Saturday, August 21, 2010

Another American Muslim Speaks Out

Rima Fakih, a Muslim and native of Dearborn Michigan, which has one of the highest concentrations of Muslims of any community in the US, has publicly come out against plans to build a mosque at Ground Zero: "It shouldn't be so close to the World Trade Center. We should be more concerned with the tragedy than religion."

Fakih also said that "I totally agree with President Obama with the statement on the constitutional rights of freedom of religion."

Fakih, by the way, is the reigning Miss USA. She made the comments about the proposed Ground Zero Mosque in an interview with Inside Edition, which aired last night.

Fakih is currently in Las Vegas preparing to represent the United States in the upcoming Miss Universe contest, which takes place on Monday night.

Rima Fakih was born in Lebanon in 1985, and her family moved to New York City in 1993 during the Lebanese Civil War. In 2003 her family moved to Dearborn Michigan. She has a degree in economics and plans to attend Law School after she's is done with the whole beauty pageant thing, which is so far working out pretty well for her. In addition to being Miss Michigan, Miss USA and a Miss Universe contestant, she has also won the Miss Lebanon Emigrant pageant in 2008, and was fourth runner up in the Miss Wayne County pageant at the age of 19.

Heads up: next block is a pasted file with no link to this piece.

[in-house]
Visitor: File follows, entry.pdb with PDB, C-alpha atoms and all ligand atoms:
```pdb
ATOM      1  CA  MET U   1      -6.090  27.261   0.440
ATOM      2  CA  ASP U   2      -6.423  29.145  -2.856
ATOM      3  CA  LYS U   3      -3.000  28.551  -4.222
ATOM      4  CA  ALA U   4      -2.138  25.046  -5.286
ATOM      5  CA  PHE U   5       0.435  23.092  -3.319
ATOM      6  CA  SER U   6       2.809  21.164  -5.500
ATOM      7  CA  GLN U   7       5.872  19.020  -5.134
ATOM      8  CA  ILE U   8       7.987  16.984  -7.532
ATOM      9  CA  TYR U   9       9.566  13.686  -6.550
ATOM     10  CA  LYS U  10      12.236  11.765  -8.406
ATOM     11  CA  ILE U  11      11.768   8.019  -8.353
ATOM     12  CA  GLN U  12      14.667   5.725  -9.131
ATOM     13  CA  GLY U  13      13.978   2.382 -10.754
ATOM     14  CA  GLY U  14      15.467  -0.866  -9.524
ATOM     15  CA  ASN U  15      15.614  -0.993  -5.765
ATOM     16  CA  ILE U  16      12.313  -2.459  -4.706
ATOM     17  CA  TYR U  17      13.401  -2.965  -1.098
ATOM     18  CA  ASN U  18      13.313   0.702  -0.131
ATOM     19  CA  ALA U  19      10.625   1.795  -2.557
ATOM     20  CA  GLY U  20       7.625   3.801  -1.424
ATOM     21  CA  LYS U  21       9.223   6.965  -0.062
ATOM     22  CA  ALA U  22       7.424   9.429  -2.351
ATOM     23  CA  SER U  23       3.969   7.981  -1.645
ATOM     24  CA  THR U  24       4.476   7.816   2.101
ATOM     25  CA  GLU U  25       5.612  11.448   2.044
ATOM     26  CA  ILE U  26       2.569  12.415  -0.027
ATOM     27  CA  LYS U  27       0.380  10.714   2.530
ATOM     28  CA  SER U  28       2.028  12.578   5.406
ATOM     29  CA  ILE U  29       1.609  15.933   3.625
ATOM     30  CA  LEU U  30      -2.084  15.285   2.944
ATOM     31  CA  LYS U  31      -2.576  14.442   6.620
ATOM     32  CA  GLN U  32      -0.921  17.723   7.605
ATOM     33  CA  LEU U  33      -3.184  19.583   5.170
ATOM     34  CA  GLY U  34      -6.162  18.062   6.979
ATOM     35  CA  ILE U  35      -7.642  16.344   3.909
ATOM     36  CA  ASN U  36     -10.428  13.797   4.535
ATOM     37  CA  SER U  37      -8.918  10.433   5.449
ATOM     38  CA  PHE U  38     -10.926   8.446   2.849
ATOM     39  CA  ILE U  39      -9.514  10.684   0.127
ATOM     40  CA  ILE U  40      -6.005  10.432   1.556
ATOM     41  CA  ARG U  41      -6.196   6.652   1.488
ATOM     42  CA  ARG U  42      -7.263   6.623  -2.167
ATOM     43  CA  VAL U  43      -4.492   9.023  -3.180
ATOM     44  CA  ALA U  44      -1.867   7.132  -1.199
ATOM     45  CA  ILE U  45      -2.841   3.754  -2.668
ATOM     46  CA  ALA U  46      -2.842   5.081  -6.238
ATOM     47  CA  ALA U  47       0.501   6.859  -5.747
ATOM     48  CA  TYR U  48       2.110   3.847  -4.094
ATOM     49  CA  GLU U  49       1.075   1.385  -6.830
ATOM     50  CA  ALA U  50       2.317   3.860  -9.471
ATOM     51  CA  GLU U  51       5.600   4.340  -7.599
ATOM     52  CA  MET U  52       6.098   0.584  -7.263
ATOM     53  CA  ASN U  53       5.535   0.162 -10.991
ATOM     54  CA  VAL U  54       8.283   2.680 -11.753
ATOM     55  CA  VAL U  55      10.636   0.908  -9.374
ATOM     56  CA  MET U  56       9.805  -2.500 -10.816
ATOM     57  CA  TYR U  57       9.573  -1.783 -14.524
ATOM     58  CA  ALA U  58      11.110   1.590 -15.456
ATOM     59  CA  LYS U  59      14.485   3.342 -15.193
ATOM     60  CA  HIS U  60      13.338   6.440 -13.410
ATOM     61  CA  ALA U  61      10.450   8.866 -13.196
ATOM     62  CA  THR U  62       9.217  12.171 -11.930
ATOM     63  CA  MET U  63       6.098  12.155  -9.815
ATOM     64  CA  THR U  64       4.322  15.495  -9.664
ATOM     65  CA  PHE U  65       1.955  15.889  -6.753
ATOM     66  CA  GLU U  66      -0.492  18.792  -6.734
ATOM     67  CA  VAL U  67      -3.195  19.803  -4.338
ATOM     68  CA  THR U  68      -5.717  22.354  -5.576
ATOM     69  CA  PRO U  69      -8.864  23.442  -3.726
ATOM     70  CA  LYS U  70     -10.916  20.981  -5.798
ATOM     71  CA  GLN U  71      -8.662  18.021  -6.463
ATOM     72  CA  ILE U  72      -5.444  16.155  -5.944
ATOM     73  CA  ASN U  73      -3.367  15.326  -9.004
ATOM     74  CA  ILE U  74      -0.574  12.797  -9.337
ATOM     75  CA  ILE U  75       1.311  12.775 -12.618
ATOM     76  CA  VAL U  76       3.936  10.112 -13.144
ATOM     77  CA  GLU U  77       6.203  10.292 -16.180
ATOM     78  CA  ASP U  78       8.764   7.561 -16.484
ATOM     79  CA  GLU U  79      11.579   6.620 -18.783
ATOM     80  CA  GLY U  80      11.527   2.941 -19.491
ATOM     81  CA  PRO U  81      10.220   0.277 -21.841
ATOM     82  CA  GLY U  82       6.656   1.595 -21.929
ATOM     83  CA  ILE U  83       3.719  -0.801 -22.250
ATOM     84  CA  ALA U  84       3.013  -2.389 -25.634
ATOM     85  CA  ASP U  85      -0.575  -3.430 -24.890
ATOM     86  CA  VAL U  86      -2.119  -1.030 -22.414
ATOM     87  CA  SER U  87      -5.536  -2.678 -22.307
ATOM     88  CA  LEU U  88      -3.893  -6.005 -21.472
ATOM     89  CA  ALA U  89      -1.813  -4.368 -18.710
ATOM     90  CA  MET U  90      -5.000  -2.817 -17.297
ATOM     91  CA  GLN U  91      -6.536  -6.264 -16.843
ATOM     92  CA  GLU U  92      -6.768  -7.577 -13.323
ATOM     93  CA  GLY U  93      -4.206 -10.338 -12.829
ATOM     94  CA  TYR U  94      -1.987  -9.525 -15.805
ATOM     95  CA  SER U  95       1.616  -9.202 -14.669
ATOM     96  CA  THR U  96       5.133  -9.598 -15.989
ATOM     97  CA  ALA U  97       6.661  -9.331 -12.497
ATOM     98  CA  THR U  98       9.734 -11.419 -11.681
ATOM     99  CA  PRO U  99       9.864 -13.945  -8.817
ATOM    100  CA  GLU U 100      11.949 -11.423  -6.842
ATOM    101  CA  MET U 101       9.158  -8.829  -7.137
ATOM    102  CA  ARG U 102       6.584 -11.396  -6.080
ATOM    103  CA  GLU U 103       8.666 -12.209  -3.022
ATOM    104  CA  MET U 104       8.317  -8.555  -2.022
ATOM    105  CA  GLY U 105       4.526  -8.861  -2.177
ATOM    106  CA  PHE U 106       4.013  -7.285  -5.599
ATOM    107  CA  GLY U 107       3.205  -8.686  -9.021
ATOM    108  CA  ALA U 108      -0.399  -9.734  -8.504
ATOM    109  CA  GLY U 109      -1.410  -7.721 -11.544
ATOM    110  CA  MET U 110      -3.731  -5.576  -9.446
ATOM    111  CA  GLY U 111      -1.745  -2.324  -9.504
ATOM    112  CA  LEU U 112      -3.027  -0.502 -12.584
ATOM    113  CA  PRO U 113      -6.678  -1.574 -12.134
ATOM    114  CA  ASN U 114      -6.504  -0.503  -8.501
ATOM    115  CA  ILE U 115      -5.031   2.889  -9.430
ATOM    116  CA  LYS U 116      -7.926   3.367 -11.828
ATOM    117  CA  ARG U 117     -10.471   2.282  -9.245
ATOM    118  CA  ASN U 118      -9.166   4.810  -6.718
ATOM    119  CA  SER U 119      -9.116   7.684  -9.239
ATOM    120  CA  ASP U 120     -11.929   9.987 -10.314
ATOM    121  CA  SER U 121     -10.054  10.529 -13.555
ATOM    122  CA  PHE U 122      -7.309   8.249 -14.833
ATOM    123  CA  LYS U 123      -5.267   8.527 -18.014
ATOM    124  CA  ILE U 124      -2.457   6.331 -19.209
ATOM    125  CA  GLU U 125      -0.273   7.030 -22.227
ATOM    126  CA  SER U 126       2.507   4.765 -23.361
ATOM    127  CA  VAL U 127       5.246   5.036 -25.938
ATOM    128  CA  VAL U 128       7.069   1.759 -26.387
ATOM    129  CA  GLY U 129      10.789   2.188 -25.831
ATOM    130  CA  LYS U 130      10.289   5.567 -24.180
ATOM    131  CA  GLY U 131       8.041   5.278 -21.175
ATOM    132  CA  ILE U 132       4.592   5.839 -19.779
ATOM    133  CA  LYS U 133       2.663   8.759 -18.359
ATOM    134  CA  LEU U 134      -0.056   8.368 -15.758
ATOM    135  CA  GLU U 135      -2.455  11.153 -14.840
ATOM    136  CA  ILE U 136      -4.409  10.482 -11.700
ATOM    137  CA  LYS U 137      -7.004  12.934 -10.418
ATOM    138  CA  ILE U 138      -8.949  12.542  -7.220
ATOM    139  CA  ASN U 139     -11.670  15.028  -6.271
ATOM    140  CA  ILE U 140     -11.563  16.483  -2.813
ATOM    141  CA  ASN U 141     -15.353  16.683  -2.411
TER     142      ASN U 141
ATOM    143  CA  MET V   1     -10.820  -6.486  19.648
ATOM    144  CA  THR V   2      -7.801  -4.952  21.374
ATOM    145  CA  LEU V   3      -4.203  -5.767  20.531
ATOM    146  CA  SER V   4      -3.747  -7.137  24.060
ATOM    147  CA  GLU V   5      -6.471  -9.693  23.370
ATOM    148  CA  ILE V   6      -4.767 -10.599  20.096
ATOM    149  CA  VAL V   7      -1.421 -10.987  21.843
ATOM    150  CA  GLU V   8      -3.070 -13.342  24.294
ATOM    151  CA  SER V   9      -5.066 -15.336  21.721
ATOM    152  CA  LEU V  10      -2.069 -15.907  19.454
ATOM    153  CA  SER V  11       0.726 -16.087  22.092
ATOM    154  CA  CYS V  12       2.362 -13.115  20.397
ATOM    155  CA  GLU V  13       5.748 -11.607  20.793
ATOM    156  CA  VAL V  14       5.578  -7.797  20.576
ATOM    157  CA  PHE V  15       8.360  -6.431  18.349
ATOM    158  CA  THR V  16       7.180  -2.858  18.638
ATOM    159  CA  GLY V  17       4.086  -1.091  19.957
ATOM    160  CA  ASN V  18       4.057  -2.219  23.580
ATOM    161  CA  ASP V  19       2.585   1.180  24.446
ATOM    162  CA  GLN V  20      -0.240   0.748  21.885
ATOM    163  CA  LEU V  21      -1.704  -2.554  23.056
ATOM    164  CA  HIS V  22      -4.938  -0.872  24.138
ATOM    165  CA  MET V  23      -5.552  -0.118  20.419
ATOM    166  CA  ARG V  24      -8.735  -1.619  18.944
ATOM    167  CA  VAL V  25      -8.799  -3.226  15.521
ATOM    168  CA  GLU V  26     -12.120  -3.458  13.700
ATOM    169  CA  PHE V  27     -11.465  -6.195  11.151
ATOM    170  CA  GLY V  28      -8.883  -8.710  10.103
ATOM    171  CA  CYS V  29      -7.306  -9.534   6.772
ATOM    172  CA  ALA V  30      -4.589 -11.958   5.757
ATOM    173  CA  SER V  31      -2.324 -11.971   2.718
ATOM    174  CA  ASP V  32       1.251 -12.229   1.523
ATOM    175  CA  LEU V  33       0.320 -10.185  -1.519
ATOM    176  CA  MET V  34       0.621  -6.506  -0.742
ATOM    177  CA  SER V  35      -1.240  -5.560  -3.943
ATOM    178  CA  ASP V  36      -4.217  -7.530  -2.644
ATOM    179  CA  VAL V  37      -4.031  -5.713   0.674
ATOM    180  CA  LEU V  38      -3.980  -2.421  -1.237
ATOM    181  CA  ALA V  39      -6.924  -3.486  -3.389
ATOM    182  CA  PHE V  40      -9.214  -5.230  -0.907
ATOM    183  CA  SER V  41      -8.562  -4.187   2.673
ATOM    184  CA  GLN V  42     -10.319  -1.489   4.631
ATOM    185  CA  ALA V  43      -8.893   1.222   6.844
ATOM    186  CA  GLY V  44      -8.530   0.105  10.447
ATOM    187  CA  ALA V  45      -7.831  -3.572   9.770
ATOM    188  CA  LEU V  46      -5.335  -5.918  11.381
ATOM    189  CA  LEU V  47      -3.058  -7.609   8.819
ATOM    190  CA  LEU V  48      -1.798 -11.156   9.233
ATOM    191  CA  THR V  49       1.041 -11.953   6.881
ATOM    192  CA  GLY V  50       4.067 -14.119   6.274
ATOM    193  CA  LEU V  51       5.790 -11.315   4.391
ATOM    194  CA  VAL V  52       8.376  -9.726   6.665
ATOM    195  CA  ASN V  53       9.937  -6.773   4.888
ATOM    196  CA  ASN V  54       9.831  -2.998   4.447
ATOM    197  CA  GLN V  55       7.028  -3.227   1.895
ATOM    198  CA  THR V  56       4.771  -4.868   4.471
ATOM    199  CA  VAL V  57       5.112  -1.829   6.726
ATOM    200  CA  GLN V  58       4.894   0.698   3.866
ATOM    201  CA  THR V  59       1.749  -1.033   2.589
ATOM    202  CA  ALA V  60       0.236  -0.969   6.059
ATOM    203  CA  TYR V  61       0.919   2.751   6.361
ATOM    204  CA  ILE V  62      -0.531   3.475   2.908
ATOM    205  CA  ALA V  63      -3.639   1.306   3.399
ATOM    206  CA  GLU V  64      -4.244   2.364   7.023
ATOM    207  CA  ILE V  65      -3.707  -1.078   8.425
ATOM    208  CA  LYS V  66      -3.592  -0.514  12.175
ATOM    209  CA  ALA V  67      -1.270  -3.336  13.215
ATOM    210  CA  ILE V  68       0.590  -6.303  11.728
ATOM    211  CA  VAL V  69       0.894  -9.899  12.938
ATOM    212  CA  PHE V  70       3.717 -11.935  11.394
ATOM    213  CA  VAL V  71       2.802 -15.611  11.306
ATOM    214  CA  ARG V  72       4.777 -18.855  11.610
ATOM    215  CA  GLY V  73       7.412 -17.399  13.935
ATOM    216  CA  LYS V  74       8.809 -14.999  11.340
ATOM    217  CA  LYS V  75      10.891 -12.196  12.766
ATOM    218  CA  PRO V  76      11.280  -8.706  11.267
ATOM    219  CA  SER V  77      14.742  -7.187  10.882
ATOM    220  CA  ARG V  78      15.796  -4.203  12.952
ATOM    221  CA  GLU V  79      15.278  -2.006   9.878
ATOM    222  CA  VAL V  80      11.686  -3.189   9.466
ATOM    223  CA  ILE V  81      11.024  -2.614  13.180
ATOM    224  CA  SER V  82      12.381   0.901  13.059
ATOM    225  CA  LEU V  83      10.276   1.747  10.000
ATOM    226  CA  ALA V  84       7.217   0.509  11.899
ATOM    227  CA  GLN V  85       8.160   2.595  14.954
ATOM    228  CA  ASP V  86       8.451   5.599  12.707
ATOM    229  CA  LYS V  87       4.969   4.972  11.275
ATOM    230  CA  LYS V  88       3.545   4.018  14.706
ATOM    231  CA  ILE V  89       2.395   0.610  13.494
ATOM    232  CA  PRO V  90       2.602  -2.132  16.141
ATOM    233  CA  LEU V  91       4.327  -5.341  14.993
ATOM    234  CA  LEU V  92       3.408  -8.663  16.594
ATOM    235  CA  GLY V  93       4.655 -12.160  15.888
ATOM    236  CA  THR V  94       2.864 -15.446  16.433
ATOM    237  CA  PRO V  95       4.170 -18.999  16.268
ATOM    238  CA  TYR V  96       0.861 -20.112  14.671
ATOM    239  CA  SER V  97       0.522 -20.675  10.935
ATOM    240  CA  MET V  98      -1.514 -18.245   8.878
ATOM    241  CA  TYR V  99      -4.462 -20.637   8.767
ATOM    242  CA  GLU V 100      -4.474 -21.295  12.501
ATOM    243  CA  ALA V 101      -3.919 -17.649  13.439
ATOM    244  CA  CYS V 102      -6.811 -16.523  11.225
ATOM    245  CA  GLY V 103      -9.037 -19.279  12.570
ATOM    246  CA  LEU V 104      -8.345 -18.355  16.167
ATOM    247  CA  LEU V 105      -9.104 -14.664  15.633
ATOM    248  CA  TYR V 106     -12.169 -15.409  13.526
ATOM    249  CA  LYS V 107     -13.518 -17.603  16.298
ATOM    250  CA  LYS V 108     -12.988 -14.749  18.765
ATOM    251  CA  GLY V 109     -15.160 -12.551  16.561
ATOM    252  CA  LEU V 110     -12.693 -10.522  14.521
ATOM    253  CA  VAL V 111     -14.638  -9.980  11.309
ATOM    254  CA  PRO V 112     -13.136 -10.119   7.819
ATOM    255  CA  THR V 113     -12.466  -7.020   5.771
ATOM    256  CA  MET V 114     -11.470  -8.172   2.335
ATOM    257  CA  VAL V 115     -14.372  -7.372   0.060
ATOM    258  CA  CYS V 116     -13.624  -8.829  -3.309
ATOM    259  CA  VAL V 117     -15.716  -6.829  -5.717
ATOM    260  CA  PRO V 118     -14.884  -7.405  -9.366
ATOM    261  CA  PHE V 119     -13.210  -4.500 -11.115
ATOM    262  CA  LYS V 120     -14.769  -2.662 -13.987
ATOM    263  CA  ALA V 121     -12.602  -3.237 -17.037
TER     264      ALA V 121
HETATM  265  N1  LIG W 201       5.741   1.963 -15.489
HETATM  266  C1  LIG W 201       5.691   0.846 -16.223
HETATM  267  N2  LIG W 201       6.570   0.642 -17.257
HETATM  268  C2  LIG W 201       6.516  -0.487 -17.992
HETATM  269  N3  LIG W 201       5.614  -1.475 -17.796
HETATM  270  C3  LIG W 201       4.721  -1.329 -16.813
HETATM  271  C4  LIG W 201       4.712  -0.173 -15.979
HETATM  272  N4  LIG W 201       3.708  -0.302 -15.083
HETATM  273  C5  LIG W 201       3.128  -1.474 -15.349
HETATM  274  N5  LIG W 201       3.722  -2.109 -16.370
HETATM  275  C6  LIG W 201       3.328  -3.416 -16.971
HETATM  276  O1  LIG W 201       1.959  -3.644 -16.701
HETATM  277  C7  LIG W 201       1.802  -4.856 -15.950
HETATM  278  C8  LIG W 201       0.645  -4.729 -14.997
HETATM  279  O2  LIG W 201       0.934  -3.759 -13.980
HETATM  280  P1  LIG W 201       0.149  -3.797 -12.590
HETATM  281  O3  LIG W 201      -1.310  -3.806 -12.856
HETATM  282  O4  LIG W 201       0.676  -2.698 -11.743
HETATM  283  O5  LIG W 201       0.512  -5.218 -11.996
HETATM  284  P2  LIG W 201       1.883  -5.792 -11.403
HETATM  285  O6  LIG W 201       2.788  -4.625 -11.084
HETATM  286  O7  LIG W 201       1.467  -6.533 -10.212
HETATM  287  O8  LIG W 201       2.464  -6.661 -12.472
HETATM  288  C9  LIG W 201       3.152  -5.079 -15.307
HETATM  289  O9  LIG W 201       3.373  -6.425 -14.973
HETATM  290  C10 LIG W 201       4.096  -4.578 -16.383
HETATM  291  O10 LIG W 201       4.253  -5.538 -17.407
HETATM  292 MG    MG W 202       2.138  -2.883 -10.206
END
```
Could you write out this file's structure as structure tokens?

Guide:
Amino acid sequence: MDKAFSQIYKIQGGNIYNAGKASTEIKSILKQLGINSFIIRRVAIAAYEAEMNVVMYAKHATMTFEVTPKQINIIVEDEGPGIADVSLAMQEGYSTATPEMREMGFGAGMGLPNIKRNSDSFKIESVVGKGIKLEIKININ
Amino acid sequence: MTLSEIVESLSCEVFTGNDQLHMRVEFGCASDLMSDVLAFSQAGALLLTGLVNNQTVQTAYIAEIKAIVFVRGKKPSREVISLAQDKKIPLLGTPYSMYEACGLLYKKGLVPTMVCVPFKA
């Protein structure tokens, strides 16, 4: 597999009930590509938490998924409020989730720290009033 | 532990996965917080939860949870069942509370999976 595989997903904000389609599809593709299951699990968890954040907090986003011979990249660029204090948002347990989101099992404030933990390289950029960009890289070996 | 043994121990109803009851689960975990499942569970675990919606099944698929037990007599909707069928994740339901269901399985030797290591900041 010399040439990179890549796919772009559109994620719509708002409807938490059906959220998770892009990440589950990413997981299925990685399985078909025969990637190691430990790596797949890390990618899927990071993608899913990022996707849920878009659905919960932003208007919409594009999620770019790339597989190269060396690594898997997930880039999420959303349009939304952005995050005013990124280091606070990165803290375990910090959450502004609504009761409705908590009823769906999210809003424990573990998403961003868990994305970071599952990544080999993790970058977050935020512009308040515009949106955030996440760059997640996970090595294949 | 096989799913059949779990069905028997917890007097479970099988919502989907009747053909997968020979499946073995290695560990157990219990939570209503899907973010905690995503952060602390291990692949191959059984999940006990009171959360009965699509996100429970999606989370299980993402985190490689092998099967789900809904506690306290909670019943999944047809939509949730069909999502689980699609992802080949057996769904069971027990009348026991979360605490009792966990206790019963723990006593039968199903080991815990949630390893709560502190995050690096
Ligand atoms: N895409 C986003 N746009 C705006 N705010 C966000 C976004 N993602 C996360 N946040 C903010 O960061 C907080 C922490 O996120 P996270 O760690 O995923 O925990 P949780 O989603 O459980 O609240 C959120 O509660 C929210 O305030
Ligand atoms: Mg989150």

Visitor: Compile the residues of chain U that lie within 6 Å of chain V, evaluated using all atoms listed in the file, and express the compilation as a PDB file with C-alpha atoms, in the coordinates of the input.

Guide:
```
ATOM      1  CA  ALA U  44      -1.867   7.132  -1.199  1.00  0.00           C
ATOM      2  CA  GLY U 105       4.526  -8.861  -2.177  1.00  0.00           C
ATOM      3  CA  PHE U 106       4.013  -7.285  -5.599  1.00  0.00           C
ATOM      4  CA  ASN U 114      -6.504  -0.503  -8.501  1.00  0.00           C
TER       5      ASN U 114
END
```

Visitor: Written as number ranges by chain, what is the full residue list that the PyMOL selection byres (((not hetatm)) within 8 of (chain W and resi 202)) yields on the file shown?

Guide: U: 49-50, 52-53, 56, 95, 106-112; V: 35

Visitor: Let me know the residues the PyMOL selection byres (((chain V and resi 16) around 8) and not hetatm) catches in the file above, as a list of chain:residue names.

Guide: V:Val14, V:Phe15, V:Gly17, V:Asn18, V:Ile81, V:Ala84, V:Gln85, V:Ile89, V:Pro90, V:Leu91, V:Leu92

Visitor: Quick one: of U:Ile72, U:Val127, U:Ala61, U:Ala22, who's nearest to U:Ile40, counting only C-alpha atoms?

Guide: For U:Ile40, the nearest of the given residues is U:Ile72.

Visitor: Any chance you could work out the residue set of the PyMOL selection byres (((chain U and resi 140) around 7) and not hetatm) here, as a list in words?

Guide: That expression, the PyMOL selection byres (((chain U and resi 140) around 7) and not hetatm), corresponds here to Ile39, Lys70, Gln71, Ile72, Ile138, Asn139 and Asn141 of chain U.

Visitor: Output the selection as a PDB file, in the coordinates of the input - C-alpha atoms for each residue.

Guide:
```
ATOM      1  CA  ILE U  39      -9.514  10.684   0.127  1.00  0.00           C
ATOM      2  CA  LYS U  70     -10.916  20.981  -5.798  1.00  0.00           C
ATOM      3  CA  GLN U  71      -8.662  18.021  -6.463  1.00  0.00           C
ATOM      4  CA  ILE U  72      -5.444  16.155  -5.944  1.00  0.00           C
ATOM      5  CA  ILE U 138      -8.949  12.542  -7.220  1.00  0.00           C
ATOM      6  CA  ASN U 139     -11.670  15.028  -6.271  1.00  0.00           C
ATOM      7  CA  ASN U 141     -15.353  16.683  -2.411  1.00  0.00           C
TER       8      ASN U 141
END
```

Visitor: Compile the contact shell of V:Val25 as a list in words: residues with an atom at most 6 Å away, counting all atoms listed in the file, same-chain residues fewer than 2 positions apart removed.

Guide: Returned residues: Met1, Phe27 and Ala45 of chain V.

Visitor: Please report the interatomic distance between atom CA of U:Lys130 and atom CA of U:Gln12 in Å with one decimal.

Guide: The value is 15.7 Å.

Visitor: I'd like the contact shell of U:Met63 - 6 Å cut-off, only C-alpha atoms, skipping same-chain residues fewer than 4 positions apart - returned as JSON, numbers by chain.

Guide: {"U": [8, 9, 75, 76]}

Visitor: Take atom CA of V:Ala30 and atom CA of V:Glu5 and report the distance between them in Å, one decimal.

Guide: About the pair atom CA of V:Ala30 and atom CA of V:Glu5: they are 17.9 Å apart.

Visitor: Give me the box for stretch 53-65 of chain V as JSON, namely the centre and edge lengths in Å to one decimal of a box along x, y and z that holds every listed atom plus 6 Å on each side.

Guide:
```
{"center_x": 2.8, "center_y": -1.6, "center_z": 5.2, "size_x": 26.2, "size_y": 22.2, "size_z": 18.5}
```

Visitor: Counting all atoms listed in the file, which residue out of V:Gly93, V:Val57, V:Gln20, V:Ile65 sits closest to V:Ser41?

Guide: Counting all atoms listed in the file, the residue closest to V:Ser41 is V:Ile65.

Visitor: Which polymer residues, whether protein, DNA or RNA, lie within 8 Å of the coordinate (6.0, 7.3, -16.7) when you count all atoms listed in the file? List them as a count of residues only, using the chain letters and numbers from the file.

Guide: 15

Here is an interesting excerpt from a Voice of America article by David Byrd on Fakih which ran just after she was crowned Miss USA:
[W]inning the title was just the beginning. Rima Fakih's family is Shia Muslim, something that does not easily jibe with the public perception of a beauty queen, particularly in the Miss USA pageant, where contestants parade in bikinis.

But Rima - who got involved in pageants to help pay for school - says she doesn't see that as inconsistent with her family's faith. "I don't define myself around religion and my family does not as well. We are Muslim. We respect the religion. We might not be as strict, but we're not defined by religion but we do spiritually appreciate every religion," said Miss USA.

One of the people who helped Rima Fakih in her quest is Imad Hamad, the Regional Director and Senior National Advisor for Public Affairs of the American-Arab Anti-Discrimination Committee. He said the fact that Rima is a Shi'ite Muslim should not be an issue - she is a beautiful young woman who deserved to win.
The Miss USA contest is more of a straight-up beauty pageant than the Miss America contest -- mostly because they skip the whole surreal spectacle of the "talent" sub-contest. But there is an "interview" segment, for which Rima Fakih was asked whether she thought birth control should be paid for by health insurance, and she said she believed it should: "I believe that birth control is just like every other medication."